Bible: Proverbs 29:11(NLT)

Bottom Line: God walks with us through all of our emotions and in every situation.


  • Four 44-ounce cups (the type you can purchase from convenience store drink stations)
  • Duct Tape


Attach 2 cups together at the bottoms by wrapping duct tape around them—you should have 2 sets.

Divide students into two teams of equal size and have each team form a single file line.


Say: Today, we have a game that might test your patience with yourself and each other.

Put your hands on the shoulders of the person in front of you.

Throughout this game, you cannot take your hands off of their shoulders, no matter what happens.

Give each team a set of the cups that are taped together.

When I say, “Go,” the person at the front of your line will put one end of the cup on their right foot and pass it off to the right foot of the person behind them.

The passing will continue until it reaches the person at the end of the line.

Then, the last person in line will put the cup on their left foot (without taking their hands off of the shoulders of the person in front them) and begin passing the cup back to the front of their line, using their left feet.

The first team to pass the cups back to the front of the line wins!


Say: That game might have been a little frustrating for some of you, but you did a great job keeping your feelings under control.

So, today, I have a confession to make—sometimes, I get angry. 

Of course, not at any of you.

But at situations that happen in my life.

Like, when another driver cuts me off on the road.

Or someone cuts in front of me in line at Starbucks.

Or when someone eats the last of my (say your favorite food).

It’s difficult not to show when I get angry.

I have to make the choice to let God help me when I feel angry.

Ask: But, did you know the Bible says it’s okay to get angry?

What are some things that make you angry?

Allow a few responses from students.

In the New Testament, we read that even Jesus got angry when people were using the Temple area to cheat, overcharge, and steal from people. 

Jesus overturned tables and yelled at people for desecrating God’s house.

Ask: Can someone share a time that you let anger get the best of you and then you had to pay the consequences for your angry actions?

Allow a few responses. 

Being angry never turns out well for either side. 

People can get hurt, physically and emotionally—which can then lead to spiritual hurt.

Read Proverbs 29:11.

Fools vent their anger, but the wise quietly hold it back.

Ask: Name some situations or circumstances when it’s okay to feel angry.

 Encourage the students to focus on the situation, not a person or group of people. Examples could be cancer, injustice, pollution, or similar things.

Anger affects people in different ways.

When some people get angry, they might want to punch something or throw something.

Others may want to scream, yell, or stomp their feet.

Other translations of this verse say that fools give full vent to their anger.

That means they just let it all out and unload on anyone and everyone that comes near when they’re angry.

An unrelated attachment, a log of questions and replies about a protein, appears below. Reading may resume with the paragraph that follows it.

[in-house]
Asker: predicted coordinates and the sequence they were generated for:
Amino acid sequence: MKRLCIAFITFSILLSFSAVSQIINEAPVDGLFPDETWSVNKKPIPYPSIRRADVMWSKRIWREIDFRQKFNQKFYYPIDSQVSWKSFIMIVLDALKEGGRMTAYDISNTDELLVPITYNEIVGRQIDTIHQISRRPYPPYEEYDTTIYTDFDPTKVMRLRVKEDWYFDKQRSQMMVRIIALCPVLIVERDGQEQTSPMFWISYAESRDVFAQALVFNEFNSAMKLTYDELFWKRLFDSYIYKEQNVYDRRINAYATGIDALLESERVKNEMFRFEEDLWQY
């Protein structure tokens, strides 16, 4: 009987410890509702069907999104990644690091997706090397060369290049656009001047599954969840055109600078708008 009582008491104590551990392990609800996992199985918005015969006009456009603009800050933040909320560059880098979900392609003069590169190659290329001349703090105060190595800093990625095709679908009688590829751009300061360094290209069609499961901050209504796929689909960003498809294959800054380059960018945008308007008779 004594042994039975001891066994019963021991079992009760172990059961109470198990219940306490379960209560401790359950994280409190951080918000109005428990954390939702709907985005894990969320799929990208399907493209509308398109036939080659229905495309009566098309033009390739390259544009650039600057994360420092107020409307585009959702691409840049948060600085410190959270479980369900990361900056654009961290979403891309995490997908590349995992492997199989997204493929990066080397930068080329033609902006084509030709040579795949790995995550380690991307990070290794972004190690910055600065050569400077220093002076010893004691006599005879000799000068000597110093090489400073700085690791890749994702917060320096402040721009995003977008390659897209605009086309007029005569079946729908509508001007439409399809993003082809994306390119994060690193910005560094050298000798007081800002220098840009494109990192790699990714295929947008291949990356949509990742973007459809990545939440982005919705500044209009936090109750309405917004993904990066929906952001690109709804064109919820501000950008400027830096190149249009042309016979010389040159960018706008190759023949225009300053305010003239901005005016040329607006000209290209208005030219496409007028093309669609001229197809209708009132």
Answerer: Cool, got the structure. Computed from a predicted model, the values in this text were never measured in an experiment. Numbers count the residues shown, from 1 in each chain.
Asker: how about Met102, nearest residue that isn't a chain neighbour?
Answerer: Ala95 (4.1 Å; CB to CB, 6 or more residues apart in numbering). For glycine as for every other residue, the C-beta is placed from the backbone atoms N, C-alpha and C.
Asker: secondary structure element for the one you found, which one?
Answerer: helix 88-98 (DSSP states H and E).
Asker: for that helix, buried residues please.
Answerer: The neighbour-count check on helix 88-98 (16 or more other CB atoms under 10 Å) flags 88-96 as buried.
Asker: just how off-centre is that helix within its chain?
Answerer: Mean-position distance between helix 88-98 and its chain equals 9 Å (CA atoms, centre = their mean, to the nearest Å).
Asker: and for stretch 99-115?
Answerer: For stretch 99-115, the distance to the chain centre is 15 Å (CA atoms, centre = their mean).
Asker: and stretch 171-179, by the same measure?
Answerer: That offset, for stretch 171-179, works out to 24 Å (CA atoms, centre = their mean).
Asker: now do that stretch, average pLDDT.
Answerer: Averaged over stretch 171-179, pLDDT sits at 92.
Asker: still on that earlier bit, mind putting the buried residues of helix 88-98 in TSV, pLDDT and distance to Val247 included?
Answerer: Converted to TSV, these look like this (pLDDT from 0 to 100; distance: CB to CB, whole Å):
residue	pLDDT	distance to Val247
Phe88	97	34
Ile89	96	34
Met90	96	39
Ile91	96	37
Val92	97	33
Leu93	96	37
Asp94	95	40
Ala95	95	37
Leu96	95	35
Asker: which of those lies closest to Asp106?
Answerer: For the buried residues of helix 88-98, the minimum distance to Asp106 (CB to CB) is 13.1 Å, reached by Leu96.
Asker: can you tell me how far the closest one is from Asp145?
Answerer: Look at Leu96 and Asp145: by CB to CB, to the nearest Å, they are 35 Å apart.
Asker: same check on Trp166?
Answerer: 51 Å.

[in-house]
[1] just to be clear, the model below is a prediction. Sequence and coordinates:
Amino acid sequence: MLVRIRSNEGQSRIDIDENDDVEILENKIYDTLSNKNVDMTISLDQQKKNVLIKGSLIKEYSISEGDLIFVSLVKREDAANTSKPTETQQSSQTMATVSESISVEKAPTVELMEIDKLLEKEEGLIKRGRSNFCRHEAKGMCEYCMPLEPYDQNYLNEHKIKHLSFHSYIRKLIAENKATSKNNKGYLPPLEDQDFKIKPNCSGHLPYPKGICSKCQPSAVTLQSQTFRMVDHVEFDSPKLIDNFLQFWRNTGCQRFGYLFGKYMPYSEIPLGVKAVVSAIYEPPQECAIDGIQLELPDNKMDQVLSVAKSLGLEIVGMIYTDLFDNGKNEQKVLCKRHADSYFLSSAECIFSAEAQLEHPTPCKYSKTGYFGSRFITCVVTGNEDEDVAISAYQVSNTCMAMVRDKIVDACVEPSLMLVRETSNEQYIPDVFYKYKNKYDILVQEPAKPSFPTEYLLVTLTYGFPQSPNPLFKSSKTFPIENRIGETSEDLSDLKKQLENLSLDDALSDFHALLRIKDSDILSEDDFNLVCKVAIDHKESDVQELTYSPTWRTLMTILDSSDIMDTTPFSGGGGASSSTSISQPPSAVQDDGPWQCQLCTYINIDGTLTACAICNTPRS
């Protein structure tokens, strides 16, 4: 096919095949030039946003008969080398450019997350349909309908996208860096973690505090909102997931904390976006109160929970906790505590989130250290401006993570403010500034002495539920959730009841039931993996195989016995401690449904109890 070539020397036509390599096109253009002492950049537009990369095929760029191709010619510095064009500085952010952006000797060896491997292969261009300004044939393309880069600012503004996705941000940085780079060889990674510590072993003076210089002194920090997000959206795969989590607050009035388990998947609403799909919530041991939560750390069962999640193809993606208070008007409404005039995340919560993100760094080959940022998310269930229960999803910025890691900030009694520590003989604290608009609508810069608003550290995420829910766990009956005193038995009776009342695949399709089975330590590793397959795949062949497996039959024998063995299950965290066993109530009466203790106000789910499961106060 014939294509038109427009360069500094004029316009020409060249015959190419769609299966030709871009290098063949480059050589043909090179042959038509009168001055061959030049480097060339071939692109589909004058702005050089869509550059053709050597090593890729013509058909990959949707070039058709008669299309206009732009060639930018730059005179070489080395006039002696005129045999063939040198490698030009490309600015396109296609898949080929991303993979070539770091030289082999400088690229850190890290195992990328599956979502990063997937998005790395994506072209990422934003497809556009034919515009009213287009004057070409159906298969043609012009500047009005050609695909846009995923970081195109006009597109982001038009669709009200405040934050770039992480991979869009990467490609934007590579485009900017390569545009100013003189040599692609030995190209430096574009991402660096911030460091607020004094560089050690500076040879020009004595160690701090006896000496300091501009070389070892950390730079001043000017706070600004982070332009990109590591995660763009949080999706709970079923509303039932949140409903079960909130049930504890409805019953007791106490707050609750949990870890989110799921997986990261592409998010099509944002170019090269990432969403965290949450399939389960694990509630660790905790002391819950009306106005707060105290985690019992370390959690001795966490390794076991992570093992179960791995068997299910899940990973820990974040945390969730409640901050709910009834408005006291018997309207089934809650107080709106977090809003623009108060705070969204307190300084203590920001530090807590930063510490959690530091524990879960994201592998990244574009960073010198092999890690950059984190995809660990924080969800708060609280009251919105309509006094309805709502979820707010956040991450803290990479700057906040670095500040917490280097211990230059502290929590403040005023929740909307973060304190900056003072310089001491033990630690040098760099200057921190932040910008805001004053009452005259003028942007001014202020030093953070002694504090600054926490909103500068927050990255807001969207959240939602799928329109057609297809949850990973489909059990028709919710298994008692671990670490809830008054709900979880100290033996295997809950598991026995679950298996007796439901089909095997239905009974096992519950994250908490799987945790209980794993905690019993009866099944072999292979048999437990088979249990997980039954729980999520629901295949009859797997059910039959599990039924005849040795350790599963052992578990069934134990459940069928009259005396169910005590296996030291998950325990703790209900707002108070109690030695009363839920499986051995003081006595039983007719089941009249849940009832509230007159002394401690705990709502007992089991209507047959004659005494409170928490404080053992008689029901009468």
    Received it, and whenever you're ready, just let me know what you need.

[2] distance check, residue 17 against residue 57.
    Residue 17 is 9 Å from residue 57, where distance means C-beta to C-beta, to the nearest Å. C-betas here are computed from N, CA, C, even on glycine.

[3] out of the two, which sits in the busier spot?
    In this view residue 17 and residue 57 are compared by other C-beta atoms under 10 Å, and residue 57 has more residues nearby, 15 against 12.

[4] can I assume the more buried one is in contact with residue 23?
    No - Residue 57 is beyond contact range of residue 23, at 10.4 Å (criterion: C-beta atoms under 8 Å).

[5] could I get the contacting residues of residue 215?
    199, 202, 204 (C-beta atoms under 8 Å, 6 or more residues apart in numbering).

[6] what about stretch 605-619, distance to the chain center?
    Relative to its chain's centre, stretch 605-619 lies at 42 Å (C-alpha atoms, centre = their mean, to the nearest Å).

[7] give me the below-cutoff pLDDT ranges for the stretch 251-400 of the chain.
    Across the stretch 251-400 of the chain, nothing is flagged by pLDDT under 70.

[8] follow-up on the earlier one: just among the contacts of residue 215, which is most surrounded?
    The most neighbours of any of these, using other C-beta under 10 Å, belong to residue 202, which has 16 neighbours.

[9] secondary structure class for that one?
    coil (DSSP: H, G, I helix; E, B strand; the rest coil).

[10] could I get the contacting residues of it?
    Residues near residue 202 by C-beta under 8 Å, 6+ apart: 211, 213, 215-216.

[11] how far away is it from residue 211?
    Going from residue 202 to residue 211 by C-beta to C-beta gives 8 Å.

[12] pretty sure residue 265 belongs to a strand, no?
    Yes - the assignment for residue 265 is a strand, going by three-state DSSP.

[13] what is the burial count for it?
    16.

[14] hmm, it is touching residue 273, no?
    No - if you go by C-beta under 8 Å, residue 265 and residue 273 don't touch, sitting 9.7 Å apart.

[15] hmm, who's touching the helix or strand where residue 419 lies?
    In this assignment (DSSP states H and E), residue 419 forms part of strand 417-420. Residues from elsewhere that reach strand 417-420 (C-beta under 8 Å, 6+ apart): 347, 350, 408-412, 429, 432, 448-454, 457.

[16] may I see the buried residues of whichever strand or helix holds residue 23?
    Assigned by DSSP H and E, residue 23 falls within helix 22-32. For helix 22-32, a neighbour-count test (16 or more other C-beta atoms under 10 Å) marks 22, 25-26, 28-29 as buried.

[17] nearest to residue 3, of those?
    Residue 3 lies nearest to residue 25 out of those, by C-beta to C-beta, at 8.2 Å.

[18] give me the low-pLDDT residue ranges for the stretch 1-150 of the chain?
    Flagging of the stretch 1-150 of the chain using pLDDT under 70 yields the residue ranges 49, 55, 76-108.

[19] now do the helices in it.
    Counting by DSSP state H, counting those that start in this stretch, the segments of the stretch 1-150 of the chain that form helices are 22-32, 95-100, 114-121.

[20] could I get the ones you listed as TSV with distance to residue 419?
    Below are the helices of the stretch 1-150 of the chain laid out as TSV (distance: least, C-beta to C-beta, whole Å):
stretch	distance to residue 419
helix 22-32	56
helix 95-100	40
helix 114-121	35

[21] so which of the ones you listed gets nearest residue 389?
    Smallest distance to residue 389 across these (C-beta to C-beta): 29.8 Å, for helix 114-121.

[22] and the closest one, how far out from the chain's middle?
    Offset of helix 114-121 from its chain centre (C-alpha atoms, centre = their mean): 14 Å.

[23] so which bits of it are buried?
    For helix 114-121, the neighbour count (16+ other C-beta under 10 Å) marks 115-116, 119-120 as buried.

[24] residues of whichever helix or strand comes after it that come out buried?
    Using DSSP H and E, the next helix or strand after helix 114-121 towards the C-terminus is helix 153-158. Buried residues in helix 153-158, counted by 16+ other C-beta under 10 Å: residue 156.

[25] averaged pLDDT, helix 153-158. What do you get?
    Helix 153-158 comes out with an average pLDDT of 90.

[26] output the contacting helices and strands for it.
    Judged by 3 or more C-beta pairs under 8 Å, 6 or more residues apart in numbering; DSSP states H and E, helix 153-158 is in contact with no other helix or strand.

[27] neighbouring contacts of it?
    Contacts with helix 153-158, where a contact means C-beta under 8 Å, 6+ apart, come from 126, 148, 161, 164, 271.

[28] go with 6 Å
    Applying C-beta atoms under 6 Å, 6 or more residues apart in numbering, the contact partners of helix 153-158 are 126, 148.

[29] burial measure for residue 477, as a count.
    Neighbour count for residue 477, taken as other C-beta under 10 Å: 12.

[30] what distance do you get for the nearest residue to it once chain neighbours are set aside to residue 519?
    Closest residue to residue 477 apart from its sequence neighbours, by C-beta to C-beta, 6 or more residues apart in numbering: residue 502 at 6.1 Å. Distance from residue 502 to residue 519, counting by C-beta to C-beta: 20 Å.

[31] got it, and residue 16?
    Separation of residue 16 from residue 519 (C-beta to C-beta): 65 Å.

But the last part of that Scripture says that the wise quietly hold it back. 

It doesn’t mean the wise don’t get angry, but they are not the ones who will vomit their anger all over anyone in their way.

So, what is the difference between the anger that fools vent and the anger of a wise person?

Let’s look at Jesus.

When Jesus was angry at the “money-changers” in the Temple, He was angry that they were stealing from people. 

They were treating the Temple as just another way to scam people out of money.

Similar to those social media scams that say, “Send me $19.95, and I’ll tell you the secret to making millions from the internet.”

Jesus was angry because what they were doing was not right.

When you get angry, are you angry at the person or the situation?

Allow a few responses from students.

A wise person holds their anger back quietly.

It doesn’t mean that they never feel angry, but they don’t show it very much, very often, or hardly ever at all.

Since every human being on the planet gets angry, including you and I, here are a couple of things you can do to help manage your emotions:

  1. Choose your battles.

Wise people who hold back their anger are able to assess a situation and decide what is worth getting angry about and when they should keep quiet.

There are things that every Christian should get angry about, and do something about if they can—and if God directs them to take certain actions.

Even though people can be extremely passionate about situations and issues, remember that people are made in God’s image and we are called to love everyone—even if we disagree with what they stand for or believe in.

  1. Don’t respond immediately.

When we face a situation that makes us angry, we naturally want to lash out in the moment. 

But, don’t!

Take a breath, walk away, do whatever you need to do to keep from responding negatively in the moment of anger.

Then, once you’ve considered an appropriate, Christ-like response, explain that you are angry at the situation, but not the person.

For those who may get angry quickly, there are tools you can use to help manage your anger—consider working out or running to let off some steam.

You can also talk to a trusted adult or friend who will pray with you when you need help.

Sometimes, even just separating yourself from a situation can make a big difference in how you react.

You will find that many things are just not worth getting, or staying, angry over.

God has given us so many tools in His Word that help us in every situation in life.

His desire is to walk with us through all of our emotions and in every situation.

God is with you, even when you’re angry and you can always turn to Him to help you.

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